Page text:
Monday, 14 March 2011

English as spoken by the Japanese

sometimes becomes an entirely new language. Sheer exhaustion on the part of Japanese colleagues trying to set up communication lines is not helping matters. I have the easy part in all this. I am just doing some coordinating and putting people in touch with other people.
It has however made me even more aware than I was of two things.
The first is that Japanese is an extremely complex language, even for the Japanese. The second is that the Japanese do not expect others to speak their language, indeed they would generally prefer others did not try - apart from a few polite phrases.
Written Japanese is made more complex by the use of "katakana", "hiragana", "kanji" and "romaji". The first two are syllabaries. They are related in origin, identical in structure - and not used together. "Kanji" are the characters that look more like Chinese. This is because they have their origin in Chinese characters. Japanese however is in no way related to Chinese. It is, according to my reading, not related to any other language on earth. Chinese may have influenced written Japanese but it has not influenced the structure or the vocabulary. The Japanese borrowed just as much as they needed and put it to their own unique use.
Japanese is usually written in a combination of "kanji" and "hiragana" with loan words, typically from German, French and English, written using "katakana" - because katakana can handle unfamiliar sounds. (The Japanese do not differentiate between something like "l" and "r" and find it difficult to both hear and say if they have grown up in Japan.)
"Romaji" is the standard means of converting Japanese to the Roman alphabet. It has been used for over a century. It is as much a defence against foreign interference as it is a way of being polite to foreigners.
Japanese also has many polite forms, ways of being deferential (especially to superiors) and ways of communicating through an interpreter with those who do not speak Japanese. The Japanese use many euphemisms. They do not use definite and indefinite articles. The vocabulary used by men is not always the same as the vocabulary used by women. Men are more likely to use loan words from other languages. Women, even the younger women, will use a more restricted vocabulary - especially when speaking to older Japanese. It is still considered highly impolite for women to use certain words.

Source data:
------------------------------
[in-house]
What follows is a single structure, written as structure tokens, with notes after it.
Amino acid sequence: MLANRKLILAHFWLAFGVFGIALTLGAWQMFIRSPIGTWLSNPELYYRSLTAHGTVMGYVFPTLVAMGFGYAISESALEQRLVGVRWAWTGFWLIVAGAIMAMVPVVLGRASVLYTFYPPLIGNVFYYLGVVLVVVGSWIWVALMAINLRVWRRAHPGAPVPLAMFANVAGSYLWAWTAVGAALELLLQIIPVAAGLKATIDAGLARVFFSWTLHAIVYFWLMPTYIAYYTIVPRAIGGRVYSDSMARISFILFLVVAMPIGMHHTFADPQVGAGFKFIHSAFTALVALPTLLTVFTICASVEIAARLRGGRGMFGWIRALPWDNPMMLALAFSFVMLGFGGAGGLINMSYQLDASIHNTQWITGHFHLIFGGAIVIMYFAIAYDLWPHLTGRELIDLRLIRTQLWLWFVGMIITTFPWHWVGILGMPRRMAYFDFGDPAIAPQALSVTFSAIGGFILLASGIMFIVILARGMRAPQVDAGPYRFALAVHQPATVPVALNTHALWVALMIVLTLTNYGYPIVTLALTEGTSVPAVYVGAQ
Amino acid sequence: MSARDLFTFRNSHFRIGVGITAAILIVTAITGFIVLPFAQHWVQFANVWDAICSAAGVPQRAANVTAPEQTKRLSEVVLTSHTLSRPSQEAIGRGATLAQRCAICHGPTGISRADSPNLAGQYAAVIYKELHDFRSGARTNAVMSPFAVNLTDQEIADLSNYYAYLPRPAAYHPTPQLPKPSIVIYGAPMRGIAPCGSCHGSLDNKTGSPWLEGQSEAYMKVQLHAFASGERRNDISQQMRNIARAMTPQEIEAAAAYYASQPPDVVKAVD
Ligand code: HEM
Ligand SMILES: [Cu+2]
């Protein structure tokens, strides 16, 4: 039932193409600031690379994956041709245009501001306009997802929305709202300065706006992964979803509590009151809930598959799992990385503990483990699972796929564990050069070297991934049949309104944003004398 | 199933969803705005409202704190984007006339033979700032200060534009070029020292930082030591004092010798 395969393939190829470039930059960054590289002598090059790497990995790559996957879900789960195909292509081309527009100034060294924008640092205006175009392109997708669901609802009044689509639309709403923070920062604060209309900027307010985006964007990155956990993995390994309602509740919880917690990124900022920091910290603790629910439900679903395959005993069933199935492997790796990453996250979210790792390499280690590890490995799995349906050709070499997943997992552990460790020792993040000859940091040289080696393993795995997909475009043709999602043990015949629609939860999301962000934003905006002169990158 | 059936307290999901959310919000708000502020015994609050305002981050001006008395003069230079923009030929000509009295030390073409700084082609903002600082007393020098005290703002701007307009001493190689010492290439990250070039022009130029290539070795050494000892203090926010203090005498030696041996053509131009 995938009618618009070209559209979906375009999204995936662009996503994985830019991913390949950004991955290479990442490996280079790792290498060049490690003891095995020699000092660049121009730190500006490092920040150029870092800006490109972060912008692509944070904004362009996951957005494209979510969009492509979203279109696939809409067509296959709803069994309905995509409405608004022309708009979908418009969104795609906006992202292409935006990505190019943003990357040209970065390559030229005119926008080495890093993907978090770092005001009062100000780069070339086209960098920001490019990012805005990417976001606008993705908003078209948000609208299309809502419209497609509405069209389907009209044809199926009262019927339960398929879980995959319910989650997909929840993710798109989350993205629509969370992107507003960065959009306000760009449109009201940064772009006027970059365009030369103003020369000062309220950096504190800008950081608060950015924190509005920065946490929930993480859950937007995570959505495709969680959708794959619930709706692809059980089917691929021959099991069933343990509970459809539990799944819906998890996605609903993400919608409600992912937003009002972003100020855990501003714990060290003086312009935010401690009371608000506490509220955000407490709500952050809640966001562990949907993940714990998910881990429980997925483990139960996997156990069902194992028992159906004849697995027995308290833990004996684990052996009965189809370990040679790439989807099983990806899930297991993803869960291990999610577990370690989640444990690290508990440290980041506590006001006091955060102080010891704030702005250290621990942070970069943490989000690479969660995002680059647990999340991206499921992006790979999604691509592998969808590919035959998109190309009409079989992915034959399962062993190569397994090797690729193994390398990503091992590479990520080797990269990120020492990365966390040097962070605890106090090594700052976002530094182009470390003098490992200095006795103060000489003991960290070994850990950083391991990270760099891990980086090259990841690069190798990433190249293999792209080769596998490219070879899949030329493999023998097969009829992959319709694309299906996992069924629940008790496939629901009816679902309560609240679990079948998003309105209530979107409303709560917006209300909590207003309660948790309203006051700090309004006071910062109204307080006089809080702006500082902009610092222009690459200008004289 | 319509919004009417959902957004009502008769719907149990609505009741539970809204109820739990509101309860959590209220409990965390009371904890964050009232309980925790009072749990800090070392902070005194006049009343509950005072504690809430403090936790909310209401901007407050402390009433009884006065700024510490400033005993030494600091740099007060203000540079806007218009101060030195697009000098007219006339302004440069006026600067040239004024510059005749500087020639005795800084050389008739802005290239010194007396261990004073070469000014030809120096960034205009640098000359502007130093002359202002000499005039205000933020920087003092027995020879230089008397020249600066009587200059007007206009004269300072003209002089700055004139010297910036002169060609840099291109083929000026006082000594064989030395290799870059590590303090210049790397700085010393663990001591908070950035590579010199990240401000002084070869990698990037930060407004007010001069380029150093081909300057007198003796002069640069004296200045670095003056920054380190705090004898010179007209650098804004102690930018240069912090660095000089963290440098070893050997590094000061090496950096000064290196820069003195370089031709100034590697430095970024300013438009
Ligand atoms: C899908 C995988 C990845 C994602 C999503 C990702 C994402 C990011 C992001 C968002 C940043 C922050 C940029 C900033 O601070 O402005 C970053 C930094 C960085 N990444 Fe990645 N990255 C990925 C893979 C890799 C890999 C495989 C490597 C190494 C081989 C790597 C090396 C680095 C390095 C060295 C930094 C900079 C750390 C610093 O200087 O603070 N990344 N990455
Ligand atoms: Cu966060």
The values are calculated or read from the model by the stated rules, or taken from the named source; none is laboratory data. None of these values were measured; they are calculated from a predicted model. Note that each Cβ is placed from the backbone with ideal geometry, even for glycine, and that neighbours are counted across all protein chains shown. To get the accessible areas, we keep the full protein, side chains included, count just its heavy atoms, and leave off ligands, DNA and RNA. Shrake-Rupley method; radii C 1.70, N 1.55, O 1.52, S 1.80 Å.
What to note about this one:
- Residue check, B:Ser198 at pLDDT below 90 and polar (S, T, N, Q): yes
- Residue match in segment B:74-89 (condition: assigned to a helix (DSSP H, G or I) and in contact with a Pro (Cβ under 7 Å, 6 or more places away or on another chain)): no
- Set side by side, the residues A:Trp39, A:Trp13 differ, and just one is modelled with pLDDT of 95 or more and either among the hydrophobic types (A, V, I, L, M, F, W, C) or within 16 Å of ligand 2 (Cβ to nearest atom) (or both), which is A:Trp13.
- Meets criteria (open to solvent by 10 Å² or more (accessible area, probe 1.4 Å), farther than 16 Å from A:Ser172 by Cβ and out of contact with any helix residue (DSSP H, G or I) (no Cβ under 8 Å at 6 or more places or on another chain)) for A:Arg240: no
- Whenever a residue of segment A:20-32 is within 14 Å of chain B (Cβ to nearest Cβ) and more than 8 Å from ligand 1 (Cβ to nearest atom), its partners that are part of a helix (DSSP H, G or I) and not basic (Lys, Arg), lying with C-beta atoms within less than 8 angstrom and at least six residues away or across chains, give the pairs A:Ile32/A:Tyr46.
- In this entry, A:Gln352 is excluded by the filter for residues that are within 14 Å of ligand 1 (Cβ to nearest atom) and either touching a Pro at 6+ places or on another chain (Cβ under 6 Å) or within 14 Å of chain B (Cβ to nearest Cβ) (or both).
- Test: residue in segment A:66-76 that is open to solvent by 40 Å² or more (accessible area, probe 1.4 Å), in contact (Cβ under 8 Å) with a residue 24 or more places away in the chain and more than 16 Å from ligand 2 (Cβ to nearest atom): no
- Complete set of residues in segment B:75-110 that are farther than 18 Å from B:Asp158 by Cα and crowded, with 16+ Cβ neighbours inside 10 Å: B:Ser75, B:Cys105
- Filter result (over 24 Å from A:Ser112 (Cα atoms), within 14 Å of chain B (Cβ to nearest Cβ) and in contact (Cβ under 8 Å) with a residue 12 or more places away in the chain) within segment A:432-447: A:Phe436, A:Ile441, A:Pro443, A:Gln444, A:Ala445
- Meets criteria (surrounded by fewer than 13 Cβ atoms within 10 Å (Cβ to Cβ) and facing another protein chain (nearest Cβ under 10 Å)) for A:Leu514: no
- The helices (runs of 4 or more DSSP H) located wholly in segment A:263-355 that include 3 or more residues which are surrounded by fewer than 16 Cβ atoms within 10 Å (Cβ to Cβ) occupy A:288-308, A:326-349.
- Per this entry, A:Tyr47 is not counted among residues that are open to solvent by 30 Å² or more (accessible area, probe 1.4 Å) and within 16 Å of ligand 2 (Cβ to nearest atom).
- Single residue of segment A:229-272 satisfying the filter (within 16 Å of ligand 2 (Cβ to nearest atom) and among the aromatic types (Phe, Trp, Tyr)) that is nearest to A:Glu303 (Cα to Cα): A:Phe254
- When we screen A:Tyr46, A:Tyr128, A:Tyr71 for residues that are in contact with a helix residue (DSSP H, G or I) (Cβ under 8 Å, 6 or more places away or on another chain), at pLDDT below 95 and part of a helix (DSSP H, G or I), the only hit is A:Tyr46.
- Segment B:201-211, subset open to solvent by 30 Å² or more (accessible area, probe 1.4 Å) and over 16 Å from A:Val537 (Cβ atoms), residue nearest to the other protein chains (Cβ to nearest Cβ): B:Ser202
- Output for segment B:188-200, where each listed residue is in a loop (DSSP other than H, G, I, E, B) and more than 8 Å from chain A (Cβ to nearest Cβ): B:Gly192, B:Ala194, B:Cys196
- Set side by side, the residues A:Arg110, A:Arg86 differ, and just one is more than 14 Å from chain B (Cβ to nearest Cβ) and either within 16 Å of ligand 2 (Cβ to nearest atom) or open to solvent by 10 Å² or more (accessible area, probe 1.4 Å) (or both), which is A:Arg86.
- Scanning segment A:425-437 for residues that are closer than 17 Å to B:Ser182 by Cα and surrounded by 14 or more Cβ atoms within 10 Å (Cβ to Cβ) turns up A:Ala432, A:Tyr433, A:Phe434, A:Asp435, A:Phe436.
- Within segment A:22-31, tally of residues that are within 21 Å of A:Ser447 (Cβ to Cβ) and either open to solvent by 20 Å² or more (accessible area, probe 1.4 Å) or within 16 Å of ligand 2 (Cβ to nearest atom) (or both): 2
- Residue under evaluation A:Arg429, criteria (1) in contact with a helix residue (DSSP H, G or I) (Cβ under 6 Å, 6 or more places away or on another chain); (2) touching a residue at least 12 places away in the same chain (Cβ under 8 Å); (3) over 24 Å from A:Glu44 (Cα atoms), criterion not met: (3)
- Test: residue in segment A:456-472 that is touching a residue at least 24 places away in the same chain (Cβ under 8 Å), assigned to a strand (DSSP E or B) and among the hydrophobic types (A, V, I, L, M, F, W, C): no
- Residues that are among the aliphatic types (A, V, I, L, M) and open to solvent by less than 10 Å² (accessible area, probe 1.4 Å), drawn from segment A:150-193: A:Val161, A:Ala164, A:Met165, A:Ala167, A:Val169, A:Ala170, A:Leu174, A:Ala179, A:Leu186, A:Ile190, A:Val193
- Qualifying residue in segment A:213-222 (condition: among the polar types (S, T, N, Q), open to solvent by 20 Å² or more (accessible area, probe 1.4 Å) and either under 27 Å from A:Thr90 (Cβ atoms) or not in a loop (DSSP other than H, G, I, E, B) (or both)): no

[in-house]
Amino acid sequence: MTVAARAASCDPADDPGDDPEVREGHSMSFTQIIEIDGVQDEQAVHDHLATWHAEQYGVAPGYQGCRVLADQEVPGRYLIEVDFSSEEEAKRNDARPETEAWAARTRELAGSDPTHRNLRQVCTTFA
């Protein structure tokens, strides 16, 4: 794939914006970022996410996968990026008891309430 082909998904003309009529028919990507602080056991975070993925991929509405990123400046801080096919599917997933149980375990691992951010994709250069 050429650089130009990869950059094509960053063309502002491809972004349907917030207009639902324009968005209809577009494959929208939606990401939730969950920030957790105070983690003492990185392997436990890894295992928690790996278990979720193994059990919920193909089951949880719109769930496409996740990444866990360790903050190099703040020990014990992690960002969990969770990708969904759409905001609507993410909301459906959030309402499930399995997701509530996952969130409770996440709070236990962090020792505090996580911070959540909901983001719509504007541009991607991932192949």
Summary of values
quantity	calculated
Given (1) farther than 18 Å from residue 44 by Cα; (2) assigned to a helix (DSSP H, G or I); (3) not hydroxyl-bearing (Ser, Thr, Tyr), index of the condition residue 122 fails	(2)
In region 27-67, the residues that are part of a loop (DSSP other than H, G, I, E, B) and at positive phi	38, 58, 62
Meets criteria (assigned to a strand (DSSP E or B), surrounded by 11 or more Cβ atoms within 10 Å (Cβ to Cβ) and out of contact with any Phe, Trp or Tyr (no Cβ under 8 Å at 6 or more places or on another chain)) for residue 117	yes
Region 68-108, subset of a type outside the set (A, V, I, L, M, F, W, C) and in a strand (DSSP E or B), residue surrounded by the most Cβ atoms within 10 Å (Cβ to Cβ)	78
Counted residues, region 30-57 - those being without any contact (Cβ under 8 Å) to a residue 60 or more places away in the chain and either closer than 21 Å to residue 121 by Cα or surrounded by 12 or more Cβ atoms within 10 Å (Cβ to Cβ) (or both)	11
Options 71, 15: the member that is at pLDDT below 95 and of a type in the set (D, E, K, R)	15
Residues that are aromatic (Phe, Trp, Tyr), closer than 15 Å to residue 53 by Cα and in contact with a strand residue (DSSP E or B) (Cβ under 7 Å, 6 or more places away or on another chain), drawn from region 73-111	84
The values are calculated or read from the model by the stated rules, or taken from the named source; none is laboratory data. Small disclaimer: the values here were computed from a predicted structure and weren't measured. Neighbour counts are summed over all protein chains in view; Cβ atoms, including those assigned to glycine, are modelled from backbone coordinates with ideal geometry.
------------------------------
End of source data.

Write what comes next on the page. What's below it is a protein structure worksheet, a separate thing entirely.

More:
Trying to use Japanese is a minefield. Very few Westerners succeed in really speaking Japanese and even fewer become genuinely fluent.
Right now however the Japanese need outside help. There are going to be some communication problems. My Japanese colleagues are telling me they do not want Westerners trying to use limited amounts of very poor Japanese - which will almost certainly be misunderstood. They would prefer people to use English and rely on interpreters or on augmentative and alternative means of communication.
The Japanese will not consider this impolite. They will consider it far more impolite if we misuse or abuse their language.
It makes me wonder why we persist in the myth that we must learn Japanese if we want to do business with Japan. It seems the Japanese would prefer English - even in a sometimes delightfully different form.


Anonymous said...

Interesting. I have to agree with you. On my trips to Japan I have just used a few polite phrases (and had trouble getting those exactly right!) The Japanese much prefer to use English and/or interpreters. They consider it impolite when others mangle their language. I find it much harder than Thai!

Rachel Fenton said...

We were at a party hosted by Japanese friends several months ago where the mother was over from Japan. A woman came who had stayed with the family when they had all lived in Japan - she had gone on exchange to learn the language - they chatted fluently for a few minutes in Japanese until the visitor wanted to ask if she could help with the food. Apparently she hadn't learnt how to ask this the first time around!

jeanfromcornwall said...

Watching NHK news when the disaster had just happened we were amazed by the skill of the people who were providing simultaneous translation.

catdownunder said...

I admire the translators as well because Japanese is very difficult for a Westerner and to get right for a Westerner. I think they were using UN standard interpreters on the BBC/NHK link.
Rachel I think your experience just goes to show how difficult it is to learn Japanese. That is the sort of question one ought to be able to put together but to do so using the correct forms would be a minefield composed of grammatical and social traps.